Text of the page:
What needs to be considered when ordering crew uniforms?
Besides the requirements that are already determined by the on-board department and everyday activities of your crewmembers, the season, climate and activities that your yacht partakes in should also be considered when selecting yacht crew uniforms.
Helen explained, “It all starts with the right selection of the fabrics, followed by tests in the worst conditions to guarantee the product integrity after hundreds of uses and washes. Fitting is a science; it changes with the fashion trends and for us is an ongoing priority.”
A good uniform company will be able to identify the best fabrics to be used for each application, without hesitation. For example; 100% wool for a lightweight captain’s suit; a microfibre cloth for leisure shorts; natural fabrics for daytime and heavier fabrics for evening; or a recommendation to select a 97% cotton and 3% elastin blend over 100% cotton for a more comfortable fit.
As well as having a creative eye, your uniform supplier should be experienced in the more practical side of design, helping clients to avoid the common fitting and sizing problems that are experienced in the uniform sector. Ensuring uniforms are made ‘true-to-size’ in a range of fabrics is extremely important, especially when hiring a new crewmember. After all, providing them with new workwear should be as simple as asking them which size they require. Read trends and developments for yacht crew uniforms for yachtie tips on choosing a practical uniform that doesn’t sacrifice style.
Stocking and re-stocking: When to order crew uniforms
It’s important to allow enough time when planning new crew uniforms as big brands run out of stock and suppliers get busy during the peak season. As with many scenarios, communication is key: Your uniform provider should be able to advise when and what to order during the early stages of the process.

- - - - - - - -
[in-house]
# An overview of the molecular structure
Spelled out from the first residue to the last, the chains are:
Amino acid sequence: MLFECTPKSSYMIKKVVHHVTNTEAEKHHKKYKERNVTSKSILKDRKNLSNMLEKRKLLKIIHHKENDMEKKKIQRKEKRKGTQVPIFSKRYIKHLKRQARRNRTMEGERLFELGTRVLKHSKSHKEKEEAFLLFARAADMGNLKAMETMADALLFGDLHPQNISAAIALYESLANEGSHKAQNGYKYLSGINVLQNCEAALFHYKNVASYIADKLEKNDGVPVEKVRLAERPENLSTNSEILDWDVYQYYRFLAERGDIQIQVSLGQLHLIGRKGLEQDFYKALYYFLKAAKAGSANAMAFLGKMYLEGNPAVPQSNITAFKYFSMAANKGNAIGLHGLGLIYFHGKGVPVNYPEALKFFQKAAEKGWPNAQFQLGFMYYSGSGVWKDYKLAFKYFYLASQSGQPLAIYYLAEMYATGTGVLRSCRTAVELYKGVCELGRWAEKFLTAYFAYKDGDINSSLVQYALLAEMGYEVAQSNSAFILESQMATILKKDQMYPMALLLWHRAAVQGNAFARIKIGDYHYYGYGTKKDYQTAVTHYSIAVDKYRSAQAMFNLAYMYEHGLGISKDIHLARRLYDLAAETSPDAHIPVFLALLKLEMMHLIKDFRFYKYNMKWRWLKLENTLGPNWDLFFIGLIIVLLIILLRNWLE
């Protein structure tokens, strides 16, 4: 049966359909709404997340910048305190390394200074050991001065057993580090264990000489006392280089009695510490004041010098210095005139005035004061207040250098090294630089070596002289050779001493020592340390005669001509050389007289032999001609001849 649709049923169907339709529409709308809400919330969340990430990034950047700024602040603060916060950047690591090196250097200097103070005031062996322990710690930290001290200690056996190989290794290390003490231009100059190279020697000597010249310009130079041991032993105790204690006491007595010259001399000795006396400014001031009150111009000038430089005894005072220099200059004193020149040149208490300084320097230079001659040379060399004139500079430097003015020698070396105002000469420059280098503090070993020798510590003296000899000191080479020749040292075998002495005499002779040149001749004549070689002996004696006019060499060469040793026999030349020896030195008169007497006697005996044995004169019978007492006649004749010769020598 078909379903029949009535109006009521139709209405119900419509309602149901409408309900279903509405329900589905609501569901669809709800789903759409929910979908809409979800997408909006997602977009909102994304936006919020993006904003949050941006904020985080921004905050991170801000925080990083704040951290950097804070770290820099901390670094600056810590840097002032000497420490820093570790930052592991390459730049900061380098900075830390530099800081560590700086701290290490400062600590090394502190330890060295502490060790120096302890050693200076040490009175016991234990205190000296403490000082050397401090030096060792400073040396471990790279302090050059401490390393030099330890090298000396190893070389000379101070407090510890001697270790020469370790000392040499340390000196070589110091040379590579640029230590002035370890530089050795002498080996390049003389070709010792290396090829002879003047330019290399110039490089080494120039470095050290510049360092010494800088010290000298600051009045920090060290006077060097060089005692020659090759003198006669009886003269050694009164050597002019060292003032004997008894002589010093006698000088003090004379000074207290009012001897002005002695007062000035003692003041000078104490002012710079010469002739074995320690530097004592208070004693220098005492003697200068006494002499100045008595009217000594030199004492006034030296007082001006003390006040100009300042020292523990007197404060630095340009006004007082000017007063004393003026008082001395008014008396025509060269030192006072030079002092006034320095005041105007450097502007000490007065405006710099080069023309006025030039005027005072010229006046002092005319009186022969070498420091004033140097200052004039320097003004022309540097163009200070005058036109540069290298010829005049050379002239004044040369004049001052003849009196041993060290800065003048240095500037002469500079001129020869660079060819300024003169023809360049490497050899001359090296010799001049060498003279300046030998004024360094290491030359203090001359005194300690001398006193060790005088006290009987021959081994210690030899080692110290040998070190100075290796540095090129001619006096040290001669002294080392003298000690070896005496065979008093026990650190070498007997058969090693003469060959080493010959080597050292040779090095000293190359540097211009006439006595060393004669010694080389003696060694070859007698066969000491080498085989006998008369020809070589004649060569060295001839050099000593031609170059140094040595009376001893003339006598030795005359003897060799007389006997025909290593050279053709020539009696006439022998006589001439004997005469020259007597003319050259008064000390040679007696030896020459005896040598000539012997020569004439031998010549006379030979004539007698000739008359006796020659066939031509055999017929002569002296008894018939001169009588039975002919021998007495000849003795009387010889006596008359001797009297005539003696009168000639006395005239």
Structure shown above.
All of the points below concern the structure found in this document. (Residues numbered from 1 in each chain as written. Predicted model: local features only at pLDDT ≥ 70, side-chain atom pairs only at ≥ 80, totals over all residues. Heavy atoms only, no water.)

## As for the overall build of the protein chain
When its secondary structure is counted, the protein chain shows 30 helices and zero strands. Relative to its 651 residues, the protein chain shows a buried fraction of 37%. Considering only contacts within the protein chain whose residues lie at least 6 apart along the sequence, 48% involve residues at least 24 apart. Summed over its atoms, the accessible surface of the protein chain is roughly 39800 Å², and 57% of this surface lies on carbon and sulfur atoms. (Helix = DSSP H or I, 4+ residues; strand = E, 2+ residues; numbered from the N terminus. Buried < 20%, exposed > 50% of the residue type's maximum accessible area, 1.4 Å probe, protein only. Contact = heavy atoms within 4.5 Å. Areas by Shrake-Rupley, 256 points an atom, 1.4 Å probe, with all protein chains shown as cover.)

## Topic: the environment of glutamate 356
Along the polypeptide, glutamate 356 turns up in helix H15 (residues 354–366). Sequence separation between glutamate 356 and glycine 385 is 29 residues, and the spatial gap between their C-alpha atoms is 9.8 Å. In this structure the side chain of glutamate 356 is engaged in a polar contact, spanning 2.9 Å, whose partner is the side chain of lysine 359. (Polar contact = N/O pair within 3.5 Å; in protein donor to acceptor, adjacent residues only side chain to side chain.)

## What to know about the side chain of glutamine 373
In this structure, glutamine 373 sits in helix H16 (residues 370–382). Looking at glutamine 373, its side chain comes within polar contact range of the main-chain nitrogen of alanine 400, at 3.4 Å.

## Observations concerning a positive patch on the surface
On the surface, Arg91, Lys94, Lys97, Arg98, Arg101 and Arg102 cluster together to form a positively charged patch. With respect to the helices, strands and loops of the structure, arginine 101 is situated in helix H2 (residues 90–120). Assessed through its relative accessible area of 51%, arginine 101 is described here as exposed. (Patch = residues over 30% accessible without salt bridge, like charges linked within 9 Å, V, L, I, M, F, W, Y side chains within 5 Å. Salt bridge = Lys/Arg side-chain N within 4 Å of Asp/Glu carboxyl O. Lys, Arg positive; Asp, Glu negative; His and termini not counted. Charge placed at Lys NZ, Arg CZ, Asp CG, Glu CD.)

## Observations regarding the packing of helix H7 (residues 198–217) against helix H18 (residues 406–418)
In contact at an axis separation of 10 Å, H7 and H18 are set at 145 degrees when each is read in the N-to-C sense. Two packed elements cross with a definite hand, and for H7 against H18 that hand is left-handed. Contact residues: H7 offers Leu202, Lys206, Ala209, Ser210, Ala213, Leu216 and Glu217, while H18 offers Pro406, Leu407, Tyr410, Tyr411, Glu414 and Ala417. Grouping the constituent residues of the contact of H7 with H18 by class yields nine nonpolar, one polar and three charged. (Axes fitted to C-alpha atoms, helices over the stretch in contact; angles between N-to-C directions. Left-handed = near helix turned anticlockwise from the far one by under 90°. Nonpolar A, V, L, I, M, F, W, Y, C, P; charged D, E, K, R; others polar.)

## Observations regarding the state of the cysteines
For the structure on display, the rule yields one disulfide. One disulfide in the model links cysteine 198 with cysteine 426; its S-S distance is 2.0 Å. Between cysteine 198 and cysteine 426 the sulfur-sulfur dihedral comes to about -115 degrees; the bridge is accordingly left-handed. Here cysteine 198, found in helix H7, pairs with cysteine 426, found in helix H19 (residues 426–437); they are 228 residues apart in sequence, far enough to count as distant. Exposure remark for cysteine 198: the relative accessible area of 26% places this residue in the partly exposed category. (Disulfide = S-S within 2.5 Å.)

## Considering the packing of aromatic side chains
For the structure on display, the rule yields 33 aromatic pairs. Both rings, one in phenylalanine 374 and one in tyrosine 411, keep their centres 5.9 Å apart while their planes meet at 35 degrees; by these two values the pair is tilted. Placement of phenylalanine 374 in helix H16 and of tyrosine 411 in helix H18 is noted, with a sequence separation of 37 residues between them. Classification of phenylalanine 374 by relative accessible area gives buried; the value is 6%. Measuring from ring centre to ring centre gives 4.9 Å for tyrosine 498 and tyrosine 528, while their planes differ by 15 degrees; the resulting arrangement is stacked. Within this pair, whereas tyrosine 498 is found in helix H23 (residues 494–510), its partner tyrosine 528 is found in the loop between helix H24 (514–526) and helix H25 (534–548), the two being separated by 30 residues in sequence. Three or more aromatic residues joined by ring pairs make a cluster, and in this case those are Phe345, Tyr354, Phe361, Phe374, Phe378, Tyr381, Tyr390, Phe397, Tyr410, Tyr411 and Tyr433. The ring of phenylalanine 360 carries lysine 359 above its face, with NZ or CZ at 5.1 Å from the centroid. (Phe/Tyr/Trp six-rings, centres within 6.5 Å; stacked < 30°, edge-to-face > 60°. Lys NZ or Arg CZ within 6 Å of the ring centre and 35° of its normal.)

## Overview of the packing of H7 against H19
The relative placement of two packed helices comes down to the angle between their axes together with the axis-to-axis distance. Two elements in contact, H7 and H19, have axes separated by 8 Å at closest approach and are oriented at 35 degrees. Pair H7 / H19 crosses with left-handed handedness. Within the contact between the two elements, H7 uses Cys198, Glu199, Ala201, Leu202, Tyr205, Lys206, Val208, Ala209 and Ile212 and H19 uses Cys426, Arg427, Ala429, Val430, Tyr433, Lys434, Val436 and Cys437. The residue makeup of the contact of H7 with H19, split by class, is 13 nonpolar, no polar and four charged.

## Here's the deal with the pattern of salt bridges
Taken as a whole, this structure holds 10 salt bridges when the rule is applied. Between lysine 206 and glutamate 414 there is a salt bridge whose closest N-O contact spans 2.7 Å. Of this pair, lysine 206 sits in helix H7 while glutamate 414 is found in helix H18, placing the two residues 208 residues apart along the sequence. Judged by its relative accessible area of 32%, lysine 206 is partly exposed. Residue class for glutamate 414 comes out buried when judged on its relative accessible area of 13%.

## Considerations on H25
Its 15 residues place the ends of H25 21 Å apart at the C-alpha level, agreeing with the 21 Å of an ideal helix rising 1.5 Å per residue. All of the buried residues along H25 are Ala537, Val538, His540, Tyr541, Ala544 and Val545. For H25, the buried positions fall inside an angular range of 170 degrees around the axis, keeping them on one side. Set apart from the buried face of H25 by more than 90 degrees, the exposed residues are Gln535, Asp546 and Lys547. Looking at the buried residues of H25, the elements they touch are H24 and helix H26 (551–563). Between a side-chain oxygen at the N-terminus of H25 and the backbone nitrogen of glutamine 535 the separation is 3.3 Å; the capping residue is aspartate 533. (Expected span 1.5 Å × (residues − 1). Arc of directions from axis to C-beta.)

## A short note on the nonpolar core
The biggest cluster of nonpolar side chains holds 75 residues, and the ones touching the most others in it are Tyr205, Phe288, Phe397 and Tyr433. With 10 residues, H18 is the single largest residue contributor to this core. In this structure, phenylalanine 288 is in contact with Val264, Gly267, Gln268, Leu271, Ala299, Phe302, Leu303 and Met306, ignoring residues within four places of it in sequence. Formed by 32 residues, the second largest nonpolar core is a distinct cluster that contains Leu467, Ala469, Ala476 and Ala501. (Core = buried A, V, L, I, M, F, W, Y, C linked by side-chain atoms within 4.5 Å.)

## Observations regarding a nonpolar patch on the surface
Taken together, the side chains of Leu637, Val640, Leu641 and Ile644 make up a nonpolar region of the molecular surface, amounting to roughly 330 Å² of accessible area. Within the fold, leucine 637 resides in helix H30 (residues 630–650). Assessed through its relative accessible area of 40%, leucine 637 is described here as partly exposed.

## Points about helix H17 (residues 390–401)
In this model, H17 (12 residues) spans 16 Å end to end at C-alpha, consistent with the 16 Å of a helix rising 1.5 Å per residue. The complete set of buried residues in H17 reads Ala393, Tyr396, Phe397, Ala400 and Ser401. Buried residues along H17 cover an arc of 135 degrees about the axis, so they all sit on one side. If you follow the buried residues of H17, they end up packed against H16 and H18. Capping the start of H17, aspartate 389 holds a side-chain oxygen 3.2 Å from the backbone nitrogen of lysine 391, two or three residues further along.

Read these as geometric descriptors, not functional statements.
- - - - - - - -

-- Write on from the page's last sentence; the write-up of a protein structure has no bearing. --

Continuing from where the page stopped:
Helen said, “The replacement of uniforms will depend on several factors: If the boat is private or for charter, the prescribed budget, and of course the quality of the uniforms.
“Some owners will wish to change the uniform style annually, others will wish to keep the same uniforms for two seasons or more, which will be the case of most of the charter boats too. During this time some items will be added or changed, but the main part of the uniform program will remain the same. Regarding quantities, it depends on the items, how busy the boat is and the budget.”
Depending on how much work is being done on the uniform, the process can take one week to six months if completely re-designing or bespoke manufacture. Ed Taylor advises that lesser-known, lower-value brands often don’t run out of stock as often as the larger, well-known brands, while Helen suggested that discontinued products are the biggest source of frustration within the industry, making replacements and new additions difficult.
It’s helpful to know how many seasons the garments will be offered for before ordering to ensure easy replacements, as well as delivery speed and global distribution strategy of your supplier for dispatching uniforms for new recruits and emergencies.
Caring for yacht crew uniforms
As with all fabrics and materials aboard a superyacht, when in doubt, consult a professional. Ed Taylor provided tips for washing and drying crew uniforms aboard:
Washing crew uniforms
- Unless otherwise stated, wash cotton garments at 30°C with a specialist colour-care product - unless they are white. Other powders contain caustic agents like bleach, which stay in the fabric and then mix with salt from sweat and UV from the sun and it's goodbye colour, hello patchy faded nasty garment
- Avoid cotton garments where possible, especially if working outdoors
- Polyester and cottons can usually be washed up to 60°C, but this isn't really necessary with modern machines and powders - 40°C is usually fine
- 100% polyester garments will hold their colour and shape much longer than ones with cotton in. They will also wick away moisture from the skin.
Drying crew uniforms
- Pull into shape when wet. All fabrics will alter in size during washing - this doesn't mean they have shrunk. Knitted garments like polo’s, T-shirts and hoodies/sweatshirts will do this more than woven garments, such as shirts
- Hang woven fabrics to dry on a hanger, and try to dry knitted clothing on a flat surface or hung over the bars of a clothes horse/line, if possible
- Avoid tumble-drying where you can, save it for towels and bedsheets. If you have to tumble dry, do so on a low heat setting